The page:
Dishes in the kitchen sink. New straw for the old broom. Friends who don’t have a clue. Well-meaning teachers.

My family thrives on Tradition. Capital T intended. Well, my mom does, so she passed that trait onto us.

For the past seven or so years, since at least two of us have been old enough to purchase alcoholic beverages at the LCBO (age 19 in Ontario), we have had polar bears (1/2 oz of creme de cacao, 1/2 oz of peppermint schnapps) on Christmas eve. Anyone who was there and at least (close to) 19 was invited. I missed Christmas at home last year (missed it terribly, no sarcasm here, couldn’t afford the ticket home), so I’m not sure if the tradition was upheld, but this year, when I was spinning the lazy susan liquor cabinet around, I noticed that the schnapps was around the same height it was in 2005. So maybe last year the tradition was skipped. This year, my older sister wasn’t around on Christmas eve, so it was once again skipped.

So is it still a tradition? How many repeats are required to keep something floating in the tradition ether?

Another Christmas eve tradition in our family is new pajamas all around. That one started when we were just diaper-graduates and is still standing, even though there have been years I flat out refused to wear pink bunny pj pants and matching shirt, and demanded something useful, like gitch. (intended definition #2)

Looking back on my bratty years, I’ve gotta hand it to mom, well played. Rather than always trying to “I’m right, you’re wrong” me, she occasionally gave into my whims. Because of that, I now look back with decent amount of guilt & a commensurable amount of understanding regarding the tricky balancing act that parenting is.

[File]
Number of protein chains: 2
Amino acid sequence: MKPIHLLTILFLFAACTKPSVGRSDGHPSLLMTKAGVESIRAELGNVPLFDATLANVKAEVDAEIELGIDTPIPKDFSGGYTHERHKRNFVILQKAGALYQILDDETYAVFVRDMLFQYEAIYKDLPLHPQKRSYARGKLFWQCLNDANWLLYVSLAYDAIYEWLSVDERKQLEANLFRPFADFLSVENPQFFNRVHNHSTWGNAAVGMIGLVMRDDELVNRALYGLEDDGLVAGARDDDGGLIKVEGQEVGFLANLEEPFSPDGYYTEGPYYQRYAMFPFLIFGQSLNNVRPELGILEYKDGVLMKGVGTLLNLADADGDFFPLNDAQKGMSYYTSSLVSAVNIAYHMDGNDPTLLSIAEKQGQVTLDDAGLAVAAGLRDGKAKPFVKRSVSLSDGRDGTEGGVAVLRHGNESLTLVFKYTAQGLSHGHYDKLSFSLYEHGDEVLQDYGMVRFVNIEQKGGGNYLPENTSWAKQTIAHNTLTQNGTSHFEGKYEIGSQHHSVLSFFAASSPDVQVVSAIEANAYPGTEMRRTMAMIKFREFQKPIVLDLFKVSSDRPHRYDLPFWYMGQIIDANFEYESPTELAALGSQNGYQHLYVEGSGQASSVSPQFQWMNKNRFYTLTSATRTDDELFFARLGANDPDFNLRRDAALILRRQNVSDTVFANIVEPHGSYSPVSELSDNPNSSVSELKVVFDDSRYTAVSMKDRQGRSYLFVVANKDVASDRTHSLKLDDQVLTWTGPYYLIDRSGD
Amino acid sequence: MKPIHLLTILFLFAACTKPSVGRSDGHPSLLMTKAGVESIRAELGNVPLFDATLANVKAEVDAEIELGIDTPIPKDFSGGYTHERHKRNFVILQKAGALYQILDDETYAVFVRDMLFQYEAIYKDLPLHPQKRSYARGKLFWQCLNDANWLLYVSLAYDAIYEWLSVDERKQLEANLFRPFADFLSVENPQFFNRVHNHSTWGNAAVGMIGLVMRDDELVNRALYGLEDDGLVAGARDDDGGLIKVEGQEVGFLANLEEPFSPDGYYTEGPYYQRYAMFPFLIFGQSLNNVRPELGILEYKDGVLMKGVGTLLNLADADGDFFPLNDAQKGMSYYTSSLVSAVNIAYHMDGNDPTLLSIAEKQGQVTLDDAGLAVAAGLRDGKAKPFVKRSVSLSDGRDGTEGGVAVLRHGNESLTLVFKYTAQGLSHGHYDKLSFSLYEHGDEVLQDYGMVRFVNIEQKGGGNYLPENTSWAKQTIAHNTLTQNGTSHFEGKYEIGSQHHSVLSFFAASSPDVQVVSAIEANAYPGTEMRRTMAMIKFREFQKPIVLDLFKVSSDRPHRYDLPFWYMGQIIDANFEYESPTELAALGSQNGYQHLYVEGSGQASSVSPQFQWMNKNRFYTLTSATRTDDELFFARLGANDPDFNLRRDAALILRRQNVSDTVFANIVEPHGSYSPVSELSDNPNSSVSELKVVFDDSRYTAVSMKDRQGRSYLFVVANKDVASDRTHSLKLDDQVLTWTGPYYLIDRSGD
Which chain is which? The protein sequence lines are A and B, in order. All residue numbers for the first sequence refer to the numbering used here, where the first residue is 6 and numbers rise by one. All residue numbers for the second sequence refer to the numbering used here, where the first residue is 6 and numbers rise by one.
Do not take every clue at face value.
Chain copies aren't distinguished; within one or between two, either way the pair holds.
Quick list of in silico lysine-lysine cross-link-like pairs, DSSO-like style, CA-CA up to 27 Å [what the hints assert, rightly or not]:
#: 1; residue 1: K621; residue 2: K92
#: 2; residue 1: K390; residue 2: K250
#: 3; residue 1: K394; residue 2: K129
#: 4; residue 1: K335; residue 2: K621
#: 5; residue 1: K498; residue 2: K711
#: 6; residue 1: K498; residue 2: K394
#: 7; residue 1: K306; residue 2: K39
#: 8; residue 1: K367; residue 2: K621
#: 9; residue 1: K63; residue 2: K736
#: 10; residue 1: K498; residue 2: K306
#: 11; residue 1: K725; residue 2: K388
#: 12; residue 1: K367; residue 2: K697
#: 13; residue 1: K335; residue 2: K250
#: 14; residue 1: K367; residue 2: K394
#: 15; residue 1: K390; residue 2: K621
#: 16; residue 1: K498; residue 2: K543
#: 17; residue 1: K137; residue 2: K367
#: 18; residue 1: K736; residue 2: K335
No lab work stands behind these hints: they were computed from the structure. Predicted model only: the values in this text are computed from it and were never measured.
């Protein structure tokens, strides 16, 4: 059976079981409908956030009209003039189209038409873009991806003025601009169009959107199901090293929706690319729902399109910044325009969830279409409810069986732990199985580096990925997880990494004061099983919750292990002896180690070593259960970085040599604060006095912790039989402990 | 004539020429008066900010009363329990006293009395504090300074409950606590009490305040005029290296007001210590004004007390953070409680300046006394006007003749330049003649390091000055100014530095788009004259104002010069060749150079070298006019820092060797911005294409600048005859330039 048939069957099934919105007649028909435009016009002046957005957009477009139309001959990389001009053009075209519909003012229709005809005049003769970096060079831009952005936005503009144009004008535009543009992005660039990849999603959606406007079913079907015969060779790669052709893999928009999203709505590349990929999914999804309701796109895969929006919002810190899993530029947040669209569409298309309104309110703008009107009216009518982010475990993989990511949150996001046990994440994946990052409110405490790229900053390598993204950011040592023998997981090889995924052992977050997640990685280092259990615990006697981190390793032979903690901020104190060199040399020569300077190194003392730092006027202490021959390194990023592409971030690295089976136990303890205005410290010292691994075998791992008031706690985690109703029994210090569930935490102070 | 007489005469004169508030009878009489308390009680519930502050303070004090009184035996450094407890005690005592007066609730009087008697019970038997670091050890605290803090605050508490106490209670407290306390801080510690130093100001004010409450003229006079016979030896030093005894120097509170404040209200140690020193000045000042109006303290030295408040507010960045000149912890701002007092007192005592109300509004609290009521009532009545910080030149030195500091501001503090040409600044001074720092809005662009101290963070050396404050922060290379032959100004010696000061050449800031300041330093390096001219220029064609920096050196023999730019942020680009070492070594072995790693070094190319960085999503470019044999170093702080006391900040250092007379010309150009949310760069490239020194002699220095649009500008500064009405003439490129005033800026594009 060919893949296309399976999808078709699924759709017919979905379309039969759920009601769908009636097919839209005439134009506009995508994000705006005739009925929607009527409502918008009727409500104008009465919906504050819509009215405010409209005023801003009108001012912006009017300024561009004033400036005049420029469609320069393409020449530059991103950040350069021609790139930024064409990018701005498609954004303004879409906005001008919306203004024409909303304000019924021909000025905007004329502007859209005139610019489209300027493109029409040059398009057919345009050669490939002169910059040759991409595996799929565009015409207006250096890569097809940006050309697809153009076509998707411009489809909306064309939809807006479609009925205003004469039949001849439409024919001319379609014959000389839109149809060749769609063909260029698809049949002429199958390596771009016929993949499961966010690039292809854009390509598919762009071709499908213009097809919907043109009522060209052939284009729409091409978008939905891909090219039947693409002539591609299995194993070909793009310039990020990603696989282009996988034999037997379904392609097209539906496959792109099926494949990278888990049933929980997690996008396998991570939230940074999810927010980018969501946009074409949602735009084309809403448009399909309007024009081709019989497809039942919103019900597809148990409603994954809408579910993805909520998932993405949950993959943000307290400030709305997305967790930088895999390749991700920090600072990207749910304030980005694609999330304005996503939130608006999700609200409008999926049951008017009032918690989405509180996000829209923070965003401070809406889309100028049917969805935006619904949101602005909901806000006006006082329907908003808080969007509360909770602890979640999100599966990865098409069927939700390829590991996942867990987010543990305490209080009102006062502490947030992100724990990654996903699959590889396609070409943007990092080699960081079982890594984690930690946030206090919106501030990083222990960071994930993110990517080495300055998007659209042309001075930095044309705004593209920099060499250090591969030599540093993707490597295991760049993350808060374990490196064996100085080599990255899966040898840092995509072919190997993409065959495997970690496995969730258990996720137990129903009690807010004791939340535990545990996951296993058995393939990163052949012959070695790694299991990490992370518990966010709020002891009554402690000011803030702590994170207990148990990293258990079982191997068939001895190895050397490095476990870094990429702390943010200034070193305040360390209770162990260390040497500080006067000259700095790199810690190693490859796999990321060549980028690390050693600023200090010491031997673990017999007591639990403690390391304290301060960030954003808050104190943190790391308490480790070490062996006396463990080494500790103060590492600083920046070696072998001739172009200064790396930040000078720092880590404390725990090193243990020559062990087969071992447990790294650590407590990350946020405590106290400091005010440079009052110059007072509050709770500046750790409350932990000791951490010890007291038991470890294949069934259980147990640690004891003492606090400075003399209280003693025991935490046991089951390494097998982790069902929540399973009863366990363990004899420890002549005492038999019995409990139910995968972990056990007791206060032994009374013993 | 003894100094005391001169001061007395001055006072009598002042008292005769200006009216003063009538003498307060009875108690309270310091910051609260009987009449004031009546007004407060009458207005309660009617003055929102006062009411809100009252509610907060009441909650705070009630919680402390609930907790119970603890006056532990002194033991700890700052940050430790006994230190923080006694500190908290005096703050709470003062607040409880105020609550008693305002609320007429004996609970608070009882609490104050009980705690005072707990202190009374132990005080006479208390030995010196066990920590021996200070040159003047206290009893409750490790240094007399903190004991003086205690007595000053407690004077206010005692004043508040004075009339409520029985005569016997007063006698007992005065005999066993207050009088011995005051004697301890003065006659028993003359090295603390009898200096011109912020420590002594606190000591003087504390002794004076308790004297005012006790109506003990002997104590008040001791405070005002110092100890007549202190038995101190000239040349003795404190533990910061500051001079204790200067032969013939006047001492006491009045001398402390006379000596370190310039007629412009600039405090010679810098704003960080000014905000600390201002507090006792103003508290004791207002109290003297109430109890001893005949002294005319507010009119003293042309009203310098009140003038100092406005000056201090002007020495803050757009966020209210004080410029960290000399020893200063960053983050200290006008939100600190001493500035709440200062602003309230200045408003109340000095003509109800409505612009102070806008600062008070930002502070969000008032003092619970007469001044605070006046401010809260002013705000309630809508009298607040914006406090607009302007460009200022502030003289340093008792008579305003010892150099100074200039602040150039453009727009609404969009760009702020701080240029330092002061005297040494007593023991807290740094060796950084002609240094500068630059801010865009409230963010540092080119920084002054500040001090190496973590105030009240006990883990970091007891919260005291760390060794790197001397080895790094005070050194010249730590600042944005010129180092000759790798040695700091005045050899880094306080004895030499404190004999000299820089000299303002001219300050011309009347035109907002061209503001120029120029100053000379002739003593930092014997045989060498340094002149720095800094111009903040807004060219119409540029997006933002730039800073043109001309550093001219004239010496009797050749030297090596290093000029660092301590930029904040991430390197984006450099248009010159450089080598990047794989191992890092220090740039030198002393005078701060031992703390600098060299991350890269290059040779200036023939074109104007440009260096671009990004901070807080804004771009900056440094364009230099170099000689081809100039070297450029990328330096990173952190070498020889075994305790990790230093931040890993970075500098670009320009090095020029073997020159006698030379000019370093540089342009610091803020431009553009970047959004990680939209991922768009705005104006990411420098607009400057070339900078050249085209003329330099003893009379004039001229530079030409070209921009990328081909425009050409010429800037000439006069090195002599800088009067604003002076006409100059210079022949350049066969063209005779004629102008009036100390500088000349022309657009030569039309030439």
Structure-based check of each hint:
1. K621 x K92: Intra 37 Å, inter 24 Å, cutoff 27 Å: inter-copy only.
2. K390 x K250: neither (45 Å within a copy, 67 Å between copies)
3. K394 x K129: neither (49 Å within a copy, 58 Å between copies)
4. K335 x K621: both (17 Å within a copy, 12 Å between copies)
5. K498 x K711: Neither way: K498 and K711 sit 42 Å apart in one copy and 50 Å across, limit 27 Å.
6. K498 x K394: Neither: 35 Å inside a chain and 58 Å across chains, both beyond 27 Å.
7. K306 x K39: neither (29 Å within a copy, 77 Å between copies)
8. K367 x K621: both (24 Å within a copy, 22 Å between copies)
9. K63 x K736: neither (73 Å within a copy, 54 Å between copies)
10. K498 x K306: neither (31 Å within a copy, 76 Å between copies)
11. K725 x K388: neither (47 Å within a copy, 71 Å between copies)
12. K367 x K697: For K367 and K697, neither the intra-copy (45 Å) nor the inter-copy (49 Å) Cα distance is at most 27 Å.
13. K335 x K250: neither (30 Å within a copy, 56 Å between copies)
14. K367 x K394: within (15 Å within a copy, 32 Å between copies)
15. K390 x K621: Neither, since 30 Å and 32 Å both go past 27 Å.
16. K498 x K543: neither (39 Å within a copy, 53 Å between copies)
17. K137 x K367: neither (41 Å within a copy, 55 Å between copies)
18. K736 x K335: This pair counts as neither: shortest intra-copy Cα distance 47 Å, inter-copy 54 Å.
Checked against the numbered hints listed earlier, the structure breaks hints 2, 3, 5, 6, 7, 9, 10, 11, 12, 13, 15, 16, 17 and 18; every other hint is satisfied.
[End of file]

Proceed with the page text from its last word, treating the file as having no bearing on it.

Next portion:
So, polar bears and pajama consternations aside, I like traditions. Lensless has a good one , but I like anything music-centric, and anything more specifically Mountain-Goats-centric, and even more specifically My-Favourite-Song-by-Mountain-Goats-centric.

I bet 43 things has a whole pile of generic traditions (like the annual guilt list)

My highschool boyfriend and I had a New Year’s tradition involving listening to U2 and writing everything we felt bad about from the previous year on a piece of paper, then burning it by the Trent river. Letting go of previous year’s guilt inducing actions and non-actions is probably the most important thing I learned from that relationship.

“Some moments last forever but some flare out with love love love”

Title credits: Broom People – The Mountain Goats, The Sunset Tree
Endquote Credits: Love love love – ibid.

Advertisements

Leave a Reply

Fill in your details below or click an icon to log in:

WordPress.com Logo

You are commenting using your WordPress.com account. Log Out / Change )

Twitter picture

You are commenting using your Twitter account. Log Out / Change )

Facebook photo

You are commenting using your Facebook account. Log Out / Change )

Google+ photo

You are commenting using your Google+ account. Log Out / Change )

Connecting to %s

%d bloggers like this: